In the latest excerpt of Poser 7 Revealed, Kelly L. Murdock discusses the creation of advanced materials.
This is the next in a new series of excerpts from the Thomson Course Technology book Poser 7 Revealed: The e frontier Official Guide. In the next few months, VFXWorld readers will develop the skills needed to create, render and animate scenes and projects using the amazing tools offered by Poser 7. We will offer step-by-step tutorials for each task, followed by projects that allow readers to apply each new skill.
What You'll Do
In this lesson, you learn how to create advanced materials.
To create advanced materials, select the Advanced tab at the top of the Shader Window to open the Advanced Material panel. Within this panel, you can select and edit the various nodes, link nodes together, and create new nodes. All nodes plug into the root node that is applied to the selected object. Learning to work with material nodes is the key to creating complex materials.
Selecting and Moving Nodes
The Shader Window is an open space for positioning and connecting material nodes. Click a node to select it. The selected node can be moved to a new position by dragging its title bar. You can select several nodes at the same time by holding down the Shift key and clicking on their title bars. You can also select all nodes by clicking the pop-up menu in the upper-right corner or by right-clicking in the Shader Window and choosing the Select All command.
Quicktip: To save space in the Shader Window, click the buttons in the upper-right corner of the node to hide both the value list and the preview window. Only the title bar will remain.
Viewing the Root Node The root node is titled PoserSurface, as shown in Figure 1, and is always the final surface that is applied to the material group. The root node has no Output value. Different root nodes exist, depending on the type of item that you can create a material for. Poser includes four root nodes:
Material/Hair root node: Used to define materials for figures, props, and hairstyles.
Light root node: Used to define the materials applied to the selected light.
Background root node: Used to define the materials applied to the scene background.
Atmosphere root node: Used to define atmospheric materials, such as fog and haze.
Changing Material Attribute Values
The root node includes many values that you can edit. Some of these values have color swatches, others have numeric values, and some are merely check boxes. Next to some of the attributes is a question mark button. Clicking this button opens a window providing some help with the attribute. The attributes found in the material/hair root node include the following: Diffuse Color: Defines the surface color of the object.
Diffuse Value: Defines the strength of the diffuse color. A value of 0 makes the diffuse color black, whereas a value of 1 matches the defined diffuse color.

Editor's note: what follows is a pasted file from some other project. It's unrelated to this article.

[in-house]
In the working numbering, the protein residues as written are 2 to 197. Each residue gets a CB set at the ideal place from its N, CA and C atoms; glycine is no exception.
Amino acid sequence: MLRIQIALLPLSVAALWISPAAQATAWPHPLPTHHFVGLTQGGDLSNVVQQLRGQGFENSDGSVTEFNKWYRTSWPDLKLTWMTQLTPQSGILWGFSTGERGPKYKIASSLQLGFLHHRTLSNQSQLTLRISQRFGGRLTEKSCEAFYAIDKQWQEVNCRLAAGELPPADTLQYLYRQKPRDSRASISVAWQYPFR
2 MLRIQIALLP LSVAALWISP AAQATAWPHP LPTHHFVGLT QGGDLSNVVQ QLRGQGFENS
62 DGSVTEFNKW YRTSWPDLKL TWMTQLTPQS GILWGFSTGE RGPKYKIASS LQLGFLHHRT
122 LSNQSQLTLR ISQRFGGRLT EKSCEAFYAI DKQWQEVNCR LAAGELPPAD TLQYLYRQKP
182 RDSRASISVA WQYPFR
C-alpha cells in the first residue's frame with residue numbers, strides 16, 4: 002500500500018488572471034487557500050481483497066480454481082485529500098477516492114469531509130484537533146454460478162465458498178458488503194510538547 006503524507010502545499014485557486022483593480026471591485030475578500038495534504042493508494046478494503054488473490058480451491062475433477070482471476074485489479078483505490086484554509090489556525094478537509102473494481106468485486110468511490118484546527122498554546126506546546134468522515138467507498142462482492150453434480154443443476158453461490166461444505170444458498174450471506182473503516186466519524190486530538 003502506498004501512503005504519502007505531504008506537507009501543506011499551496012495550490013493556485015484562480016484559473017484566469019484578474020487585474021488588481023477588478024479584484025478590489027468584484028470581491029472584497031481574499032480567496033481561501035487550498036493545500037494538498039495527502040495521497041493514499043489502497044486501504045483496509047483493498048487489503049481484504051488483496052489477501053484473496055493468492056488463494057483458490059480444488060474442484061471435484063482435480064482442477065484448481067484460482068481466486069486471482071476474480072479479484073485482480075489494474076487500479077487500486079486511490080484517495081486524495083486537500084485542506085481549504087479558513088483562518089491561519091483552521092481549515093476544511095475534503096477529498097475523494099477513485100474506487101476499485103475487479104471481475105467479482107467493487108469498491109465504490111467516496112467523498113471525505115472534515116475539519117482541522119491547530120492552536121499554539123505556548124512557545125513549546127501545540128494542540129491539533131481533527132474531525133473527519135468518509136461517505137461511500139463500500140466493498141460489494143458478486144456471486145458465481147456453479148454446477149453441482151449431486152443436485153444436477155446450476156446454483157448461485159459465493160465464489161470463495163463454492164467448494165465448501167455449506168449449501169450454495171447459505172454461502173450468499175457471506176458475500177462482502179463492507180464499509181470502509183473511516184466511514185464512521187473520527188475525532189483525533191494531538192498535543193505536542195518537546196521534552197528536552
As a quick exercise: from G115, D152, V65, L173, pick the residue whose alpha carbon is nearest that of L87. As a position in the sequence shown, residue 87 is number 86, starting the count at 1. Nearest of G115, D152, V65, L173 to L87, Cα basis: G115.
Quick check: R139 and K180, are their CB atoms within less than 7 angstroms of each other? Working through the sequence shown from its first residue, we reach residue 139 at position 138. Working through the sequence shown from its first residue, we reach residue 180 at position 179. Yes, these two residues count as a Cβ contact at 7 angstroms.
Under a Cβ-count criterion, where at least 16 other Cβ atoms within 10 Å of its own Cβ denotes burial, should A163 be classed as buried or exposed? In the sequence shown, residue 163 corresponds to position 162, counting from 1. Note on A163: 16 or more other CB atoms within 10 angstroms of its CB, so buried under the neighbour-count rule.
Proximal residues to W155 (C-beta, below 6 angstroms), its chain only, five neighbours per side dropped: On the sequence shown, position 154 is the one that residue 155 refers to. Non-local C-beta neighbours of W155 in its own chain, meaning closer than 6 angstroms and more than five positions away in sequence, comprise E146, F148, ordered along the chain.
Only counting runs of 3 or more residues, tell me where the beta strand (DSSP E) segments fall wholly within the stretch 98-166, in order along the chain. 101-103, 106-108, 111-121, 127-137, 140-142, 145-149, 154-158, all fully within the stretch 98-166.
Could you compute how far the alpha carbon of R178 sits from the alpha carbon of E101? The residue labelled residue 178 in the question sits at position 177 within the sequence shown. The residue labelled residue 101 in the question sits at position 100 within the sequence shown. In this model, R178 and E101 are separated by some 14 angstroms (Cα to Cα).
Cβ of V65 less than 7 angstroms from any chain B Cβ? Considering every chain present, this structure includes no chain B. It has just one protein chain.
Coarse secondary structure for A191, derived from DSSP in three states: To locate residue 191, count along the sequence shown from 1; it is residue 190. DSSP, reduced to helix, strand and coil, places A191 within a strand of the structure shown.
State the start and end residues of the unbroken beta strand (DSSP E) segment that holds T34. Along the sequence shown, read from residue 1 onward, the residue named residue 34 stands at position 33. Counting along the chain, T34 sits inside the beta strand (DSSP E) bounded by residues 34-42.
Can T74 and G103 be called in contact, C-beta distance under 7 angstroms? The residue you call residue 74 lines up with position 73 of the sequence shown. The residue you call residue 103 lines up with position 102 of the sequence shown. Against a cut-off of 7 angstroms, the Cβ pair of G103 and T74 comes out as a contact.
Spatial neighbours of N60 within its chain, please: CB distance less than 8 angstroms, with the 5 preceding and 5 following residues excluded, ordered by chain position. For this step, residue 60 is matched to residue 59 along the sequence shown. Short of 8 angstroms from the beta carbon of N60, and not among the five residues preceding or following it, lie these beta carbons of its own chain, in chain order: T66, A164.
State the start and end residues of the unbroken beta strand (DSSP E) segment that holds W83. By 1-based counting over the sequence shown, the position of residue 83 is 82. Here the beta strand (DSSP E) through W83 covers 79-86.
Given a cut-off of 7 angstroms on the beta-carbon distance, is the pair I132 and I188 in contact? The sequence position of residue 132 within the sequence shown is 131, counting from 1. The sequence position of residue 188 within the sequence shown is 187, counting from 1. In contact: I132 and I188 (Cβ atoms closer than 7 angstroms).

Specular Color: Defines the color the highlights.
Specular Value: Defines the strength of the specular color.
Highlight Size: Defines how sharp or fuzzy the highlight is. Shiny surfaces have smaller, sharper highlights, and rough surfaces have larger highlights.
Ambient Color: Defines the ambient color for the scene. This color shades all objects in the scene including shadows.
Ambient Value: Defines the strength of the ambient color.
Transparency: Defines the amount of transparency of the material. A value of 1 is fully transparent, and a value of 0 is fully opaque.
Transparency Edge: Defines the amount of transparency applied to the edges of the object.
Transparency Falloff: Defines how quickly the transparency fades as you approach the object edge.
Translucence Color: Defines the color of light passing through a transparent object.
Translucence Value: Defines the strength of the translucence.
Note: Most of the remaining material attributes have no value, but can be connected to other nodes, such as a texture or variable node.
Reflection Color: Defines a color reflected off the surface.
Reflection Value: Defines the strength of the reflection color or texture.
Refraction Color: Defines a color refracted or bent through a transparent surface.
Refraction Value: Defines the strength of the refraction color.
Bump: Defines a bump map that is applied to the material.
Displacement: Defines a displacement that is applied to the material to change its geometry.
Alternate Diffuse: An alternative attribute for applying diffuse colors and/or textures.
Alternate Specular: An alternative attribute for applying specular highlights.
Reflection Lite Mult: An option to multiply the lighting effects into the reflection map.
Reflection KD Mult: An option to tint the reflection map by the diffuse color.
Gradient Bump: An attribute to use gradient maps as bump maps. This attribute isn't used by the current renderer and is only included for backwards compatibility.